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Crowdfunding sensation (for better or worse) Star Citizen is offering up a new feature for players to prepurchase, in-game real estate.

A recent update has announced that players will be able to purchase in-game land on the myriad of planets, moons, and asteroids controlled by the “United Empire of Earth” (UEE). Paying a total of $50 nets you a UEE claim license, which will give players the ability to stake a claim on a 4km (2.5 miles) lot of land in UEE space. An 8km (5 miles) “estate” license is also available for $100.

The license gives players a “claim beacon” that will essentially mark the piece of land claimed by a player. According to the given FAQ, the beacons serve as both a designation of claimed property and a remote monitoring station capable of transmitting real-time weather information and motion detection that will alert the owner of the beacon of any unwanted activities on your property.

The FAQ also reassures players concerned about losing out on quality real estate, noting that billions of square kilometers of land are available, along with the possibilities of new Star Systems being introduced into the future. The developers are also banking on the living economy of the game to help regulate any land-rushes that may happen in the future. “prospecting and the purchase of land are two pieces of a supply-and-demand equation governing how rapidly land of a distinct perceived value will come on the market.”

 Star Citizen has been in development since 2012, when developer Cloud Imperium Games officially launched a Kickstarter that raised the first 2 million of the now nearly $170m that the game has raised in crowdfunding, largely due to ship sales. Since then, Star Citizen lead Robert Spence has continually updated the game, mostly providing updates and feedback from the official Robert Space Industries website to the player base. The game, which is currently celebrating it’s 5 year anniversary with an anniversary sale, has yet to be officially released.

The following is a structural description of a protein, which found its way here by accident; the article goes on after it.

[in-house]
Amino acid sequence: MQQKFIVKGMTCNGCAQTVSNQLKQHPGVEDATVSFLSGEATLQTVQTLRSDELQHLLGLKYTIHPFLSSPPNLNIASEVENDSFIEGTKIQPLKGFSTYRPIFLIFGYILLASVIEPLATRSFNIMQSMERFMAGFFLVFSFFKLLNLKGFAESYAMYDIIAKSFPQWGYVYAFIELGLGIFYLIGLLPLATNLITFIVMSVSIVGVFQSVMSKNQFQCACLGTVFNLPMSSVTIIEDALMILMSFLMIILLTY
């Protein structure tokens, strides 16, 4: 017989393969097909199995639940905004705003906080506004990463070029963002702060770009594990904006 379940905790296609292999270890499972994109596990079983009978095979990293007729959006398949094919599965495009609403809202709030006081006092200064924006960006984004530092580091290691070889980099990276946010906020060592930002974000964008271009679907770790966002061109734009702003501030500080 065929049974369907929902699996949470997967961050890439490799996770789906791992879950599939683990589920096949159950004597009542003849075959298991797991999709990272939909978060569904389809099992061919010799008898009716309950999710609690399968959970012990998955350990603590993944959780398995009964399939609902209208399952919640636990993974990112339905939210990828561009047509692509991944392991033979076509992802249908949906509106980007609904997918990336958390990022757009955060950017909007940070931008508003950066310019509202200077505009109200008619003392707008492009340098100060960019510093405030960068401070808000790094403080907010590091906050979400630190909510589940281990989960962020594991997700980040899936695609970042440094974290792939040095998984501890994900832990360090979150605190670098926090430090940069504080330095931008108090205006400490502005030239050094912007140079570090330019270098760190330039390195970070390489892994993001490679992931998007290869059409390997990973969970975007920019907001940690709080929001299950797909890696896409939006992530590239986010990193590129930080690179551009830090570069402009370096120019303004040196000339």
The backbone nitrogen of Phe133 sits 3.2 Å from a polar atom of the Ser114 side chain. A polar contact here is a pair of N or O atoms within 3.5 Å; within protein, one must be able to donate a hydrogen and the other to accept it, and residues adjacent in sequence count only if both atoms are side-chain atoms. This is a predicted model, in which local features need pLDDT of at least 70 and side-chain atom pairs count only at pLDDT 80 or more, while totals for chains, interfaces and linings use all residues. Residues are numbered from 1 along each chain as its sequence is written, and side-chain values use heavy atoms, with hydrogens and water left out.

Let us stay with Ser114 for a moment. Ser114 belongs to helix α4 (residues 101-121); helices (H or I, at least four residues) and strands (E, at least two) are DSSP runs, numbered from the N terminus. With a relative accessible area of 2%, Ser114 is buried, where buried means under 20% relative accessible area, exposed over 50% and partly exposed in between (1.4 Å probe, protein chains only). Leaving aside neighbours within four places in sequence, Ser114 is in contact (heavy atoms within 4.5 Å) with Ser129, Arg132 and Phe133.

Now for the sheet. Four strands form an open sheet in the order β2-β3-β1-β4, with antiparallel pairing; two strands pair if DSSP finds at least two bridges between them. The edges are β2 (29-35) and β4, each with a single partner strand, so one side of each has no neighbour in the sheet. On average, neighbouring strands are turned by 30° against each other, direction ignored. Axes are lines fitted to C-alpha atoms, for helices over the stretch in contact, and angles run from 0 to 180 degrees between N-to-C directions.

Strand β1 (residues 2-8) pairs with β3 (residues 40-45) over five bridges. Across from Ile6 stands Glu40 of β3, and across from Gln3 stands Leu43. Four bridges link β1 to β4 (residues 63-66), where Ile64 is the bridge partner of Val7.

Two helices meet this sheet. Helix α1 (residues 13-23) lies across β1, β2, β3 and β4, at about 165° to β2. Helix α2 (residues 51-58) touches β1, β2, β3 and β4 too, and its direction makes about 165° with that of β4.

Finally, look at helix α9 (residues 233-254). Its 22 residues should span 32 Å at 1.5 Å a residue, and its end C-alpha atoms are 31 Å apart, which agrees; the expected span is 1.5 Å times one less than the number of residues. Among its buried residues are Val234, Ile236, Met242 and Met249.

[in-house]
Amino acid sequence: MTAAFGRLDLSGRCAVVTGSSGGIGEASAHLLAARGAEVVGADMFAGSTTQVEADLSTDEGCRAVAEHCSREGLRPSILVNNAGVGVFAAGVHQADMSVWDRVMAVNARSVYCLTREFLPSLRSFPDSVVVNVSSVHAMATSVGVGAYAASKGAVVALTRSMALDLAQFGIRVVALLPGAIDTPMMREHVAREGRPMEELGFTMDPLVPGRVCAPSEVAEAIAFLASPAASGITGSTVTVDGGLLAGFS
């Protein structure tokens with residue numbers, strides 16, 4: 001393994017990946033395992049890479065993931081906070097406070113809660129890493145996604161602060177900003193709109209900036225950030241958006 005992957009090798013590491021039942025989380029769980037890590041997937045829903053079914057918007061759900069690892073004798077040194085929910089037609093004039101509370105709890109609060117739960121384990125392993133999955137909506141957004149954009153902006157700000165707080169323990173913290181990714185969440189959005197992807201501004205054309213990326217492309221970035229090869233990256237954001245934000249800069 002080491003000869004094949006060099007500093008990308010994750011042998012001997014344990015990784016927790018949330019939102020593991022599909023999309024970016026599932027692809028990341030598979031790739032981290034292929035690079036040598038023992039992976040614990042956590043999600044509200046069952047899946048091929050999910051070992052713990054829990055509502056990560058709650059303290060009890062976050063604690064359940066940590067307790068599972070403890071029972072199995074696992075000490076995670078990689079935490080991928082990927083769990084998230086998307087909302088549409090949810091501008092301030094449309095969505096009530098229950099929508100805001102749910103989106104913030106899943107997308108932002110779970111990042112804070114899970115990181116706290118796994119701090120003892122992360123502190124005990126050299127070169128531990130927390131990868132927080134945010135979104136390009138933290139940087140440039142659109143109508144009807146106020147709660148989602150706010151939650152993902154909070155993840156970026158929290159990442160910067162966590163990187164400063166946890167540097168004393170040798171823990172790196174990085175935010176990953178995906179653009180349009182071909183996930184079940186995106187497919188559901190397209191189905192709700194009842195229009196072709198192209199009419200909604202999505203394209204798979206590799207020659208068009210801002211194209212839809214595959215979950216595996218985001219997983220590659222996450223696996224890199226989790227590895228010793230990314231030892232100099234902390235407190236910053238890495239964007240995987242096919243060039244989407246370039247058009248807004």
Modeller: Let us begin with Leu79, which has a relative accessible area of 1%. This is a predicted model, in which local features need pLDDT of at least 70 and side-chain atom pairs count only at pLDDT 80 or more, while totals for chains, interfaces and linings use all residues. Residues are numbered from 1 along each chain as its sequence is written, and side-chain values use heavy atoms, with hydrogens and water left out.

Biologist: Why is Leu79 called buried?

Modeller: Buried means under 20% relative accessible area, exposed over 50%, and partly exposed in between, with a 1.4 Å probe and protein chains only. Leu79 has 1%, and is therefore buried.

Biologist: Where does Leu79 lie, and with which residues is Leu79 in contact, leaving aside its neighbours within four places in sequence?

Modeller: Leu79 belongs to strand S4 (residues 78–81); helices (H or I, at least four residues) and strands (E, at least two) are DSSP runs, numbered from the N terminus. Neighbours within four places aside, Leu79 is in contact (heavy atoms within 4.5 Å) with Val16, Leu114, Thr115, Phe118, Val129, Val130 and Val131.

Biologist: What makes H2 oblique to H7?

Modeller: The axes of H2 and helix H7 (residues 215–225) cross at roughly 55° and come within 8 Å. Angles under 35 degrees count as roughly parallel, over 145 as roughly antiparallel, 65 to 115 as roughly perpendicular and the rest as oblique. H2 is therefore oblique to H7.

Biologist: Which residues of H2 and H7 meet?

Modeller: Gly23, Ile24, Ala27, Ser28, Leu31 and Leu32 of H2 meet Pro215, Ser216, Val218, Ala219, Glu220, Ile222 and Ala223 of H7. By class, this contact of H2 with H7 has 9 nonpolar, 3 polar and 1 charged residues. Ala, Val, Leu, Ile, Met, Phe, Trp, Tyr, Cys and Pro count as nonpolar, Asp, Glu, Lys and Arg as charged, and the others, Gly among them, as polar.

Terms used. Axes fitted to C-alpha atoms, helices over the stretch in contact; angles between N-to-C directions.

The game has been under controversy for some time now, mostly due to the lack of an official release date and the ongoing development being hampered by new in-game features- many of them being pre-purchasable by players who have or have not bought into the original kickstarter. Development for the game, however, is still ongoing.

What are your thoughts on this? Willing to buy a piece of land in Star Citizen? What do you think of Star Citizen‘s continued crowdfunding? Leave your comments below. 

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Robert Grosso

Staff Writer

A game playing, college teaching, erudite-minded scholar who happens to write some articles every so often. Have worked as a journalist, critic, educator and blogger for over five years now, with articles published (as user editorials) on Game Revolution and Giant Bomb as well as a contributor for the websites Angry Bananas and Blistered Thumbs. Now making TechRaptor my home.


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